• For general purpose computers, the focus shifted to 64-bit for many years already, and there isn't a lot of interest in 32-bit architectures except for specific purposes;
  • 32-bit ports in Debian already struggle to compile some large packages of the archive in the last few months/years, a problem that will become worse with time;
  • and 128 is simply not realistic at this time.

Upstream project / Architecture / Hardware

Upstream project / Community

Architecture details


FPGA implementations

There are freely available softcores which can be synthesized to an FPGA, such as Rocket, a 64-bit RISC-V in-order core (optionally including an MMU and an IEEE 754-2008-compliant FPU).

ASIC implementations, i.e. "real" CPU chips

There is currently no Linux-capable RISC-V silicon available for purchase by the general public, but this will probably change in the future. As of 2017-10, possible candidates include:

  • The lowRISC project, which has described itself as follows:

"lowRISC is a not-for-profit organisation working closely with the University of Cambridge and the open-source community.
lowRISC is creating a fully open-sourced, Linux-capable, RISC-V-based SoC, that can be used either directly or as the basis for a custom design. [...]
Our open-source SoC (System-on-a-Chip) designs will be based on the 64-bit RISC-V instruction set architecture. Volume silicon manufacture is planned as is a low-cost development board. [...]"

  • A commercial offering from SiFive. According to an article on hackaday.com, SiFive has on 2017-10-04 announced a Linux-capable 64Bit RISC-V quad-core SoC to be available on a development board "in early 2018". A more detailed technical description of the SoC and the development board has been made available in a presentation (PDF) at the 7th RISC-V workshop.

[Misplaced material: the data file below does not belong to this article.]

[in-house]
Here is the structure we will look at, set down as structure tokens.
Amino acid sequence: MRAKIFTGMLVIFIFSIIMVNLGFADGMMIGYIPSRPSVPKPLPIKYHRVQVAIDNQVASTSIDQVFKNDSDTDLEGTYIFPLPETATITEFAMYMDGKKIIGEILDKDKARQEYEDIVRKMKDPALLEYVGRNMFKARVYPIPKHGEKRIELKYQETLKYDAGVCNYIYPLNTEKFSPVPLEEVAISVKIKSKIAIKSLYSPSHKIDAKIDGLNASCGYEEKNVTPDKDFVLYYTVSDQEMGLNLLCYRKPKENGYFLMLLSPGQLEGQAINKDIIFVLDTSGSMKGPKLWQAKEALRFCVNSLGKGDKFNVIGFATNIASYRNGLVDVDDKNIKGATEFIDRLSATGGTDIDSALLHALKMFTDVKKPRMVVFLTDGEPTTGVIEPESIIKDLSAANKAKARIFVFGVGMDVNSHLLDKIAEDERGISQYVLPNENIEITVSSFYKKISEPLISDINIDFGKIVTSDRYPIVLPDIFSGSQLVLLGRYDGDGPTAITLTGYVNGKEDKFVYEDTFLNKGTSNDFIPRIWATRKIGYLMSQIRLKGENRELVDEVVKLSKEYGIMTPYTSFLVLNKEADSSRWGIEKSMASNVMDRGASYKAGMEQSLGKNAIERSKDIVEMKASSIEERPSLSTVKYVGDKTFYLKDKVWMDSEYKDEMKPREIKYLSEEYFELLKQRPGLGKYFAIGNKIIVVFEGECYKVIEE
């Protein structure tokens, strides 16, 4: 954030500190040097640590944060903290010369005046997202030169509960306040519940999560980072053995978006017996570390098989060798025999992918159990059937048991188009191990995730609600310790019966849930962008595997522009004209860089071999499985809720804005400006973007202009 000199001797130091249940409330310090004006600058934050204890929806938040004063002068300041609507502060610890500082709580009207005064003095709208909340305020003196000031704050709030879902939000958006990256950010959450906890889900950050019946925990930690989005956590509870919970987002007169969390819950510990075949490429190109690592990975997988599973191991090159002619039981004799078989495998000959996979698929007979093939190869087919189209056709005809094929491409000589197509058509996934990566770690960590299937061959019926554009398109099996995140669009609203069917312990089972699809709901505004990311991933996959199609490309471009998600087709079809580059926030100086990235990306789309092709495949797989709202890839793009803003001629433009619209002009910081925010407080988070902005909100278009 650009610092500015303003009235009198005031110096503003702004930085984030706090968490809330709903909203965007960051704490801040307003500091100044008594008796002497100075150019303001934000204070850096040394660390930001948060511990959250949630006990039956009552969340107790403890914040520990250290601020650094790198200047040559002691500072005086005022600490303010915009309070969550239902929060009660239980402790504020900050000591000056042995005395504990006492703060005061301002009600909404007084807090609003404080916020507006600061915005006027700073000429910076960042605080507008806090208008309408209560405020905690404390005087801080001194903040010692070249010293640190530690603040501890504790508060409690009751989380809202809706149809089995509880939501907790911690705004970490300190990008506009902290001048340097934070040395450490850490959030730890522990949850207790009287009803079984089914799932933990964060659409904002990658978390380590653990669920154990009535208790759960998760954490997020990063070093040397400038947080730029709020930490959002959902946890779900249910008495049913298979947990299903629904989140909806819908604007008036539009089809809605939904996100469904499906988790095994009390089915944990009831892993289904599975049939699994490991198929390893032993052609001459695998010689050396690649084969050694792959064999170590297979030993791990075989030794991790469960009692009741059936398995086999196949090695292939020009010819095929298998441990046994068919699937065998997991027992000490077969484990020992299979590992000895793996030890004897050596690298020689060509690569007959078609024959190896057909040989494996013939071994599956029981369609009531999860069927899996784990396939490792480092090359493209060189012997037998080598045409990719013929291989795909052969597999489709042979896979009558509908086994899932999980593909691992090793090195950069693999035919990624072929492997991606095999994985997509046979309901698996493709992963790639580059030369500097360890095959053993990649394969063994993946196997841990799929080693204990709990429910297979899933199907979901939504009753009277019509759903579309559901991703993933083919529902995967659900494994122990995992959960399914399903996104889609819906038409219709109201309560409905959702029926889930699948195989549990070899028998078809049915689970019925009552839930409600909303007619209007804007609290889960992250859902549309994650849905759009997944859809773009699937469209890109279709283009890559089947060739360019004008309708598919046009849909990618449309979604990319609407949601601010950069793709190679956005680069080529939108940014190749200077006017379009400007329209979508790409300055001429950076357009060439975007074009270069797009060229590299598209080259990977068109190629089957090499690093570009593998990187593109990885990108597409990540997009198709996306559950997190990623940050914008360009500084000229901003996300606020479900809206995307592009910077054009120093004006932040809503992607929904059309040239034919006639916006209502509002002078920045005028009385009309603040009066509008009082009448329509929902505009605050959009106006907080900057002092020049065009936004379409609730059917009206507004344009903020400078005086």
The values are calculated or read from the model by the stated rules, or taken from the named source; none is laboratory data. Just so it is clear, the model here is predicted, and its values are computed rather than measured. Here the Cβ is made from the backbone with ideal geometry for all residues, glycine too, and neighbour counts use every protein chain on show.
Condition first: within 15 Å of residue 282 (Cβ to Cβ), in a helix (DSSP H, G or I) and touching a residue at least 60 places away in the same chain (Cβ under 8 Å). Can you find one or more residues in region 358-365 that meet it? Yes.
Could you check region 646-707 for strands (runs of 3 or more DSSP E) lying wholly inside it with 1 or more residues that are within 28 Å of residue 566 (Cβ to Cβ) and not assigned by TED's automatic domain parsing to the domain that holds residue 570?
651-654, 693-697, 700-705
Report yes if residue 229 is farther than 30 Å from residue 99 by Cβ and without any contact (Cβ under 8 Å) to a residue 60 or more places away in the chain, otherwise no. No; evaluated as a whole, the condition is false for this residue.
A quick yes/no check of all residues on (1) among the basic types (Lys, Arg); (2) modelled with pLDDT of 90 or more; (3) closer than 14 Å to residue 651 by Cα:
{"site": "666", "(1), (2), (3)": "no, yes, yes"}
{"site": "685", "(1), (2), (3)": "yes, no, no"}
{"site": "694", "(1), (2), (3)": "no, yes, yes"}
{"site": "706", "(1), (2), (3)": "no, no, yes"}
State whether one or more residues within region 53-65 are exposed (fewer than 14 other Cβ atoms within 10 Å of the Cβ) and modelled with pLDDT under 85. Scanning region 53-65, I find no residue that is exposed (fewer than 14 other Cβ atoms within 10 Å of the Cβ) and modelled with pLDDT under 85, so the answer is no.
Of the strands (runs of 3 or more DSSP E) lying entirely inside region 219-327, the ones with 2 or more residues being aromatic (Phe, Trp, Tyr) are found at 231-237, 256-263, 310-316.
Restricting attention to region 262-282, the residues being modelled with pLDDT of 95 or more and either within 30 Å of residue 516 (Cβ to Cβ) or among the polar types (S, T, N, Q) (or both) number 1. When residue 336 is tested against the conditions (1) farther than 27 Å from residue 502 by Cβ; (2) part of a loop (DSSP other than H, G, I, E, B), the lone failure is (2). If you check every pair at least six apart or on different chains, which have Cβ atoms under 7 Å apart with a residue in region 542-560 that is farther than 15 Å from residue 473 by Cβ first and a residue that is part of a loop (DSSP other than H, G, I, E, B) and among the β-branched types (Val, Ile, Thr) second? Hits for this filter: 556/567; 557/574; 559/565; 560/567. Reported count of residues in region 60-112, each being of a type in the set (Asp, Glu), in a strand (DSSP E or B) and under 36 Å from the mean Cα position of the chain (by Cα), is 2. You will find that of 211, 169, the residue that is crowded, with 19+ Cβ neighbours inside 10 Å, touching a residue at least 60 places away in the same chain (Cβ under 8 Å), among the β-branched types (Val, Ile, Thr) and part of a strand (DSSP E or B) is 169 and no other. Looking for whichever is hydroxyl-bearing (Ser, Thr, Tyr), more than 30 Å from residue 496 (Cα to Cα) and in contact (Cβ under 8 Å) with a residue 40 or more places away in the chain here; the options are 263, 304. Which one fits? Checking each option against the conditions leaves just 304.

Toolchain upstreaming status

  • binutils: upstreamed (2.28 is the first release with RISC-V support)
  • gcc: upstreamed (7.1 is the first release with RISC-V support)
  • glibc: upstreaming in progress, targets the 2.27 release
  • linux kernel: upstreaming in progress (the architecture core code has been accepted upstream and will be part of the kernel 4.15 release; for full system support additional driver code is necessary which is planned to go into kernel 4.16)
  • gdb: not upstreamed yet
  • qemu: upstreaming in progress, targets the 2.12 release. For more information about qemu please refer to the qemu section below.

Debian port information

Hardware baseline and ABI choice

The Debian port uses RV64GC as the hardware baseline and the lp64d ABI (the default ABI for RV64G systems).

Making the C extension a part of the default hardware baseline for general-purpose binary Linux distributions has been agreed upon between Fedora porters, Debian porters and members of the RISC-V foundation. According to the chairman of the board of the RISC-V foundation, the foundation will provide "a profile for standard RISC-V Unix platforms that will include C as mandatory".

Status Log


A first version of the qemu upstreaming patchset has been posted to the qemu-devel mailinglist.


A new version of the glibc upstreaming patchset which matches the kernel code in Linux 4.15rc3 has been posted to the libc-alpha list.